Microsoft’s Standards Are No Standards at All


Microsoft’s Standards Are No Standards at All

By Steven J. Vaughan-Nichols

September 8, 2005,1895,1856869,00.asp

Opinion: Open standards for government documents and Web sites are the only way to make sure that everyone gets the access they need.
Is it too much to ask for governments to offer their services online so that anyone can get to them?

I don’t think so.

Some people, though, seem to have a problem with it.

My colleague, David Coursey, for example, said he believes that Massachusetts’ recent decision to use open-format documents for storage is "a curious one. It seems to be as much about punishing Microsoft as it is [about] the laudable goal of making information more accessible."

PointerRead Contributing Editor David Coursey’s commentary on Massachusetts’ document format decision here.

And this is a bad thing?

For as long as I can remember, Microsoft has been trying to set its own standards and formats to lock competitors out of the marketplace.

It’s good at it. It’s made billions at it.

Even now, when Microsoft owns the word processing field, Microsoft still won’t open its formats or use open standards-based formats like’s OpenDocument format.

Yes, programs like WordPerfect and OpenOffice can sort of read Microsoft’s formats. But, as a document’s level of formatting increases, these programs’ ability to render or translate them correctly goes downhill.

Of course, if Microsoft were to open its formats, that wouldn’t be a problem, but the Evil Empire hasn’t done that in the past and I see no reason to think they will any time soon. Special Report: Politics Meets IT

Coursey said he believes this doesn’t matter, because Word’s doc format has become a de facto standard and in 20 years’ time Microsoft documents will still be easy to open.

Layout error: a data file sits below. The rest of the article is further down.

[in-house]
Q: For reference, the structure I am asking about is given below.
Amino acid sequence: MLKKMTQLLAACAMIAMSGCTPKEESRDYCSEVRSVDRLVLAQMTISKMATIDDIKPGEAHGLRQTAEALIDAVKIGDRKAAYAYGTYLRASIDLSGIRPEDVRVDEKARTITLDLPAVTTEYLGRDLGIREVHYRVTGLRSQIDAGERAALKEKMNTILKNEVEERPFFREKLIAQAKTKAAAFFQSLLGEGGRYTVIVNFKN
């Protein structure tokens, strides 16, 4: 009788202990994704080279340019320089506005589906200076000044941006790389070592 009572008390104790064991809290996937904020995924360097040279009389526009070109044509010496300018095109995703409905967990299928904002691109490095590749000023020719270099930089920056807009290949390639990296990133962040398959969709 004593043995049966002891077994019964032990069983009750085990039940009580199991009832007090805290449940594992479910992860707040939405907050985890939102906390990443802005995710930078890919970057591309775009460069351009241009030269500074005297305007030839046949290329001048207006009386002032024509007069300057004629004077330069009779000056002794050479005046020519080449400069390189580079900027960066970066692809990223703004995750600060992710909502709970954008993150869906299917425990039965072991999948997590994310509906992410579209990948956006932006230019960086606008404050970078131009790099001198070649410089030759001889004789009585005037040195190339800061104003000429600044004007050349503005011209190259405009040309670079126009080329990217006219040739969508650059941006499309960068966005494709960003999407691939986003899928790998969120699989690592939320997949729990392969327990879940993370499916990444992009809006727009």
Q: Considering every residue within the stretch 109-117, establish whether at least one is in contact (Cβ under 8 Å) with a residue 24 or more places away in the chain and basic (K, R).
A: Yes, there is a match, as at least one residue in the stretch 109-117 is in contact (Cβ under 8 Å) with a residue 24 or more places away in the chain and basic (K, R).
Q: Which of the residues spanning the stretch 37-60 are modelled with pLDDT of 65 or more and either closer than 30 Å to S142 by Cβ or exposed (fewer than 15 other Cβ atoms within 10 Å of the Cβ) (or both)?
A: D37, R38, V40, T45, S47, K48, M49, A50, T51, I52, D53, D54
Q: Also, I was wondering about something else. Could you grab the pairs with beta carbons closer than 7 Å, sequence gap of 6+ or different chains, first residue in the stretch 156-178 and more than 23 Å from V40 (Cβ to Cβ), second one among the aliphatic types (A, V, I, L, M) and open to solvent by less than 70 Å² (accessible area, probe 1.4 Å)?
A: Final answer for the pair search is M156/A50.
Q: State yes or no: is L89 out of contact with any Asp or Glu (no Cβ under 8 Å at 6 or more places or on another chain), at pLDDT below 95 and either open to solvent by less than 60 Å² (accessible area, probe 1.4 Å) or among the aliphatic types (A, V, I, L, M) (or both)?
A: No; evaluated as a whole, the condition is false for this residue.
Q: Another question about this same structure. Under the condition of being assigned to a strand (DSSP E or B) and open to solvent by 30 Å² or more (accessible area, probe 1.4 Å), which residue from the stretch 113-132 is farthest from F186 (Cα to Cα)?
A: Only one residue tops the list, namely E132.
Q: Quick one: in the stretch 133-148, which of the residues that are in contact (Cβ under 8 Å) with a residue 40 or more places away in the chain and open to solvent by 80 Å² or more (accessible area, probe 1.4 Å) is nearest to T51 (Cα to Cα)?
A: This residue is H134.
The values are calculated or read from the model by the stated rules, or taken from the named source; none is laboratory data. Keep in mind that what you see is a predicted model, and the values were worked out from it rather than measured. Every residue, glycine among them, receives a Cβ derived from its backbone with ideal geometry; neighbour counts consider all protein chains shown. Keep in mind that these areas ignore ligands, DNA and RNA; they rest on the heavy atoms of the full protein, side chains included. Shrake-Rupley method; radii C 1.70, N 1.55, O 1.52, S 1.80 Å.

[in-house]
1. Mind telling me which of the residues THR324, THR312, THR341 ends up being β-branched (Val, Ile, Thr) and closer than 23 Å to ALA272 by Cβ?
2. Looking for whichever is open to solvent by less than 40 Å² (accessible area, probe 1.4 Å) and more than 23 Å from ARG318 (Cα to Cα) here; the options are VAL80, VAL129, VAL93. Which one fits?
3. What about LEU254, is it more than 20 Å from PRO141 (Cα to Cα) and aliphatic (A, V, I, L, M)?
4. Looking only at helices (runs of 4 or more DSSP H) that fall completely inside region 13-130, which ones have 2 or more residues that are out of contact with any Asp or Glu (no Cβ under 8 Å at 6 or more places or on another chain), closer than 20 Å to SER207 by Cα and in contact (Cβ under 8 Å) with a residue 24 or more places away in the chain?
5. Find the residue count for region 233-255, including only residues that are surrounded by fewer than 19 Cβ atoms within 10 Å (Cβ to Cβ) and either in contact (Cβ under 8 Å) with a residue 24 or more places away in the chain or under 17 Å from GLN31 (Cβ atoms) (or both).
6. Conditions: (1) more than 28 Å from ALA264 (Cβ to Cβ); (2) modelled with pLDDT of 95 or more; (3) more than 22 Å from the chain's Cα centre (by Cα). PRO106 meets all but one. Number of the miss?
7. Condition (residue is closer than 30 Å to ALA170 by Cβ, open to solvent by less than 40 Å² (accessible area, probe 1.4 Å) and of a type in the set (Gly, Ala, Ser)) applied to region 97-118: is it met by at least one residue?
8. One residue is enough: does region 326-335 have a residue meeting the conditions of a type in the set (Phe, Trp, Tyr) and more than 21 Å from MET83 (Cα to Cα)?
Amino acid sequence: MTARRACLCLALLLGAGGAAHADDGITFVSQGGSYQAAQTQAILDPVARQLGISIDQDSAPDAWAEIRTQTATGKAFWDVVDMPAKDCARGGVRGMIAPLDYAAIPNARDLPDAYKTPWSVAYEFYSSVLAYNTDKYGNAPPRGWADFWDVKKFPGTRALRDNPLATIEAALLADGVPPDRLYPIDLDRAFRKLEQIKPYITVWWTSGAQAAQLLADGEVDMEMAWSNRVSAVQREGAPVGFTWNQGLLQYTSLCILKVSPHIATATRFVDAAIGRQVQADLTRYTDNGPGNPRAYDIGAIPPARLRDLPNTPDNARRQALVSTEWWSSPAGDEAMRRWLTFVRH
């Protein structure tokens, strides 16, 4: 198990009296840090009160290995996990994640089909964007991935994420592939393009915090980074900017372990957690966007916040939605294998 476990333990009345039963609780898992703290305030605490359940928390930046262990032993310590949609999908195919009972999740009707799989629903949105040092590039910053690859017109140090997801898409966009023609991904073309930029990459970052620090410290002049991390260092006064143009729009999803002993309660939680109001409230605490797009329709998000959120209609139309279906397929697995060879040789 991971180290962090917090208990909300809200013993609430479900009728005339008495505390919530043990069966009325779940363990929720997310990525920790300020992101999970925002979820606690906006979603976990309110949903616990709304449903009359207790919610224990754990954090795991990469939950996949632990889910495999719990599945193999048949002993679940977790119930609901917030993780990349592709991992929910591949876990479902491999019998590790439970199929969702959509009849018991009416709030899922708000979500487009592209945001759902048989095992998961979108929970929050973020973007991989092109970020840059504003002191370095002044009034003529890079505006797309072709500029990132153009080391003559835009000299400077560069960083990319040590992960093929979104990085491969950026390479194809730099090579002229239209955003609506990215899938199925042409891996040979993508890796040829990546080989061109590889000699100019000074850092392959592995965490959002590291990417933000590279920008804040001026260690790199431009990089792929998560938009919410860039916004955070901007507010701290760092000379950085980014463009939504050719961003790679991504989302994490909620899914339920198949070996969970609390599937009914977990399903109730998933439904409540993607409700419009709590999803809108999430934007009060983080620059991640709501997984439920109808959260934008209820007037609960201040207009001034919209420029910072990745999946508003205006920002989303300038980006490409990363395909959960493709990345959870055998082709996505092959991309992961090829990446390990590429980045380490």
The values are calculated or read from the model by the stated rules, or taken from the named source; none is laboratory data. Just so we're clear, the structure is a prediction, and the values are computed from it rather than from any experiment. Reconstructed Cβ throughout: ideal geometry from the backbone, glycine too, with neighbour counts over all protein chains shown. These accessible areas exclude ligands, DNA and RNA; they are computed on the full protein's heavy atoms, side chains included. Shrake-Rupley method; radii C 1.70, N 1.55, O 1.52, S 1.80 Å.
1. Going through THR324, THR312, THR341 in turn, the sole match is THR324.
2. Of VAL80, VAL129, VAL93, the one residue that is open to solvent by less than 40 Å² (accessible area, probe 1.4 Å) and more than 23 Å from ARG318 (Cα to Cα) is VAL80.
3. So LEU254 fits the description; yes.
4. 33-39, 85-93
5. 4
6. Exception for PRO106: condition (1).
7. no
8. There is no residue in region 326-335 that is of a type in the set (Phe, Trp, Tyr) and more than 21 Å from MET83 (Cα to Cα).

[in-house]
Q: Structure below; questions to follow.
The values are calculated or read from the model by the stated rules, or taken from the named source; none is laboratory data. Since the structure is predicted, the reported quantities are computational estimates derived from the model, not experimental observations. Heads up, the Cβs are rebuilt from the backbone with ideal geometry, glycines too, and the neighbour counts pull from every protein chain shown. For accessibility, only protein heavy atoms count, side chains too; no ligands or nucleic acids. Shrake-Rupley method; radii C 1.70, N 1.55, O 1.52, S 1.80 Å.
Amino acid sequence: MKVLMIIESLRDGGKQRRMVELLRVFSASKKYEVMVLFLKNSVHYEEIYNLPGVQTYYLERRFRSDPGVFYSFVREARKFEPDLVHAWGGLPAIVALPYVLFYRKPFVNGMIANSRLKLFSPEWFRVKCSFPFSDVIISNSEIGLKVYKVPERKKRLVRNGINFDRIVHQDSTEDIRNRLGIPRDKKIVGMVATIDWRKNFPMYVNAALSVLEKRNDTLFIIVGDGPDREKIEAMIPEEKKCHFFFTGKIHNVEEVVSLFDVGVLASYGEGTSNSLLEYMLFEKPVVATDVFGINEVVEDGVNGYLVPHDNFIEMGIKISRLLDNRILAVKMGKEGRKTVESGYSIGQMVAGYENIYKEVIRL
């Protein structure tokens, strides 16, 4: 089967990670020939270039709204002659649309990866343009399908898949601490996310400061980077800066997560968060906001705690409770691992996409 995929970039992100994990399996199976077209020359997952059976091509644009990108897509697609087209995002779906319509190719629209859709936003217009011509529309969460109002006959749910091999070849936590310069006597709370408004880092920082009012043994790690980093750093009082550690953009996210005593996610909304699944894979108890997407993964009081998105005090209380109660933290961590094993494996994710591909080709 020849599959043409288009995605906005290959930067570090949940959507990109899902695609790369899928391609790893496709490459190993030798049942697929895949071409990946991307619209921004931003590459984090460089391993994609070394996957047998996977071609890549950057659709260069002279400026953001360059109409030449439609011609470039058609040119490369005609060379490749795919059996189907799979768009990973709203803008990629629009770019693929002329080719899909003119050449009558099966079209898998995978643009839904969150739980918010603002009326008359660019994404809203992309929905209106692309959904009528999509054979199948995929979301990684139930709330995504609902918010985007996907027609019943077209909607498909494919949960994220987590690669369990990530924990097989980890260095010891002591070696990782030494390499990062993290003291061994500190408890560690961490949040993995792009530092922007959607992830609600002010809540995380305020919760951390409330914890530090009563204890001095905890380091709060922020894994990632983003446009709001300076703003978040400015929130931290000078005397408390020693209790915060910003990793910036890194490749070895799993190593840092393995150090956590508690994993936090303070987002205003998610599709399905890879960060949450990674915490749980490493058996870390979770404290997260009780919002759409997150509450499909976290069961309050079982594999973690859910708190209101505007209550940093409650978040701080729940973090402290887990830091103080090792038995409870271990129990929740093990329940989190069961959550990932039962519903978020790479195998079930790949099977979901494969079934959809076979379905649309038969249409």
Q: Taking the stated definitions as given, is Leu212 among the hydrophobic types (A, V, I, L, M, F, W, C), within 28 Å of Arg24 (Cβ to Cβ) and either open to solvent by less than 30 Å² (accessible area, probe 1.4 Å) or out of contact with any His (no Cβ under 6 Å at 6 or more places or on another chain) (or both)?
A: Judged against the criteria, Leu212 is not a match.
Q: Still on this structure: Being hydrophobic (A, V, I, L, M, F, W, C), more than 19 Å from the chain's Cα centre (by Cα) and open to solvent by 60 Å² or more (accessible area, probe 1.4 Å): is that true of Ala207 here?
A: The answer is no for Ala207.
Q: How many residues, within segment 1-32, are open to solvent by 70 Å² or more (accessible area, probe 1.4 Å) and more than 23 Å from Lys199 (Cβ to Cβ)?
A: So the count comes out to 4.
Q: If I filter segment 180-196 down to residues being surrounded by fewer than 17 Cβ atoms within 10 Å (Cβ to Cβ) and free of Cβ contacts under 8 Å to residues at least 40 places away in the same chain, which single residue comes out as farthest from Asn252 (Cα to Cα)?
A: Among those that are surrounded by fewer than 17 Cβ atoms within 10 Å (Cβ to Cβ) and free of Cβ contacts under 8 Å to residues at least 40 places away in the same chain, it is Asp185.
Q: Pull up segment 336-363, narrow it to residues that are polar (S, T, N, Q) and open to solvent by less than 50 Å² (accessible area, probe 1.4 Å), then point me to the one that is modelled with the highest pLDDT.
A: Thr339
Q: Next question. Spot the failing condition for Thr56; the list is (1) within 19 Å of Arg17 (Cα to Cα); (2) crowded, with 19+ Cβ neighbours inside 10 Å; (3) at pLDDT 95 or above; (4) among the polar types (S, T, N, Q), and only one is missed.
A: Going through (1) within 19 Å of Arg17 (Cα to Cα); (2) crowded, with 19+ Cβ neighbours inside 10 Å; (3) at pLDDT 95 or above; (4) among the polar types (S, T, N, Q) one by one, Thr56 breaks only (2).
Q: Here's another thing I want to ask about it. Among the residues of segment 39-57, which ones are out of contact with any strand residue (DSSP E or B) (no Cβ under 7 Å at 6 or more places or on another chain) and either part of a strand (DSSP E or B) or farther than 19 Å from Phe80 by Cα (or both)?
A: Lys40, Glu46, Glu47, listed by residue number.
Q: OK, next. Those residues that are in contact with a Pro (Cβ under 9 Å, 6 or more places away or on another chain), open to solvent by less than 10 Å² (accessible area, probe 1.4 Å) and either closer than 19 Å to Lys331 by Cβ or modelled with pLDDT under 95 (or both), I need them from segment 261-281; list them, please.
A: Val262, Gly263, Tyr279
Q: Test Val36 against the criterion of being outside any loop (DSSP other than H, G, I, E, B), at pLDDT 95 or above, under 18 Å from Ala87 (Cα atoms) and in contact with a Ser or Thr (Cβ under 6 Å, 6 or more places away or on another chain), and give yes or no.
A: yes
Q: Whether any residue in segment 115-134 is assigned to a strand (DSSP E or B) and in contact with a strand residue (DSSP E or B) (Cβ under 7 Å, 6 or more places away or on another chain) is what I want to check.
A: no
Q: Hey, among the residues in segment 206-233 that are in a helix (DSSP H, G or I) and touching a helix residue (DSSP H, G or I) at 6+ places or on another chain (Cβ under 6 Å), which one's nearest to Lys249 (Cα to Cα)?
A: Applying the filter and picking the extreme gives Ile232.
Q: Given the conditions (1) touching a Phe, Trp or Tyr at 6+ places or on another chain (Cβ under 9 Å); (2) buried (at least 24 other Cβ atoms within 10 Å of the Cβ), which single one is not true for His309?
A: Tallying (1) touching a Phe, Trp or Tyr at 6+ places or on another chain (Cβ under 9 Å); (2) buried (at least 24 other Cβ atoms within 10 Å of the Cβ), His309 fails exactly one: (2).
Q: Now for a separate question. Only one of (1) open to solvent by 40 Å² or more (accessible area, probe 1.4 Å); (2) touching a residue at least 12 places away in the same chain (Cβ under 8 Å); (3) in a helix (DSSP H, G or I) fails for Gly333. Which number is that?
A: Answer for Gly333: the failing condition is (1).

Will they now?

In 1985, I was briefly involved as a NASA representative on a NARA (National Archives and Records Administration) committee dealing with long-term data storage. The formats we decided on for storing data were ASCII, which, indeed, almost anything can still read, and EBCDIC (Extended Binary Coded Decimal Interchange Code).

I’ll be surprised if more than one in twenty tech-savvy readers today remember EBCDIC, but it was a major format in its day. Indeed, if you visit NARA today, you’ll find that our works lives on because a lot of information is still kept in EBCDIC on 9-track magnetic tape and 3480-class magnetic tape cartridges.

Good luck reading that stuff today.

For that matter, try reading a sophisticated Office XP document with Word 2 or 6. Microsoft’s office formats only look stable and interoperable. They actually change with every version to help make sure you have to buy the next edition of Microsoft Office. Special Report: Windows Vista: Microsoft’s Longhorn Client

No, formats based on open standards are the only way to go, and I applaud Massachusetts for saying "enough" to Microsoft.

This is not, however, a problem that’s limited to Word documents and Excel spreadsheets. It’s much bigger and nastier than that.

Microsoft’s way or the highway.

Microsoft has long encouraged Web designers to create Web sites that work well—or work at all—with Internet Explorer. This incredibly stupid and shortsighted approach can no longer be permitted.

In the wake of the Katrina disaster, we’ve found that if you want to file a claim with FEMA (Federal Emergency Management Agency), you have to use Internet Explorer 6.

Gary Krakow of MSNBC found that you simply can’t file the claim if you’re using Firefox, Netscape or any of the other major third-party browsers.

You either ask for help very nicely using Microsoft products, or you don’t get help at all online, seems to be what FEMA is saying.

If your home PC is a Linux PC or a Mac, forget about it. There are ways around these problems so you can run IE 6 on these systems. WINE will do the trick for Linux and Virtual PC 7 will do it for the Mac … Of course, first you have to have those programs.

Oh, not to mention that Microsoft is encouraging Web developers to write for the new IE and the fully secured version of IE 7 will only work on Vista.

So, what does that mean? Does it mean that if a Katrina happened in, say, 2007, only users running Vista will be able to seek help from government agencies that have kept up to date with Microsoft?

It looks that way to me.

Listen, this isn’t brain surgery. Open formats and standards are the way for everyone to go. Or, at the very least, governments should adopt true open standards.

It is, after all, a government by the people and for the people, not just the people who own Microsoft stock. Senior Editor Steven J. Vaughan-Nichols has been using and writing about operating systems since the late ’80s and thinks he may just have learned something about them along the way. He can be reached at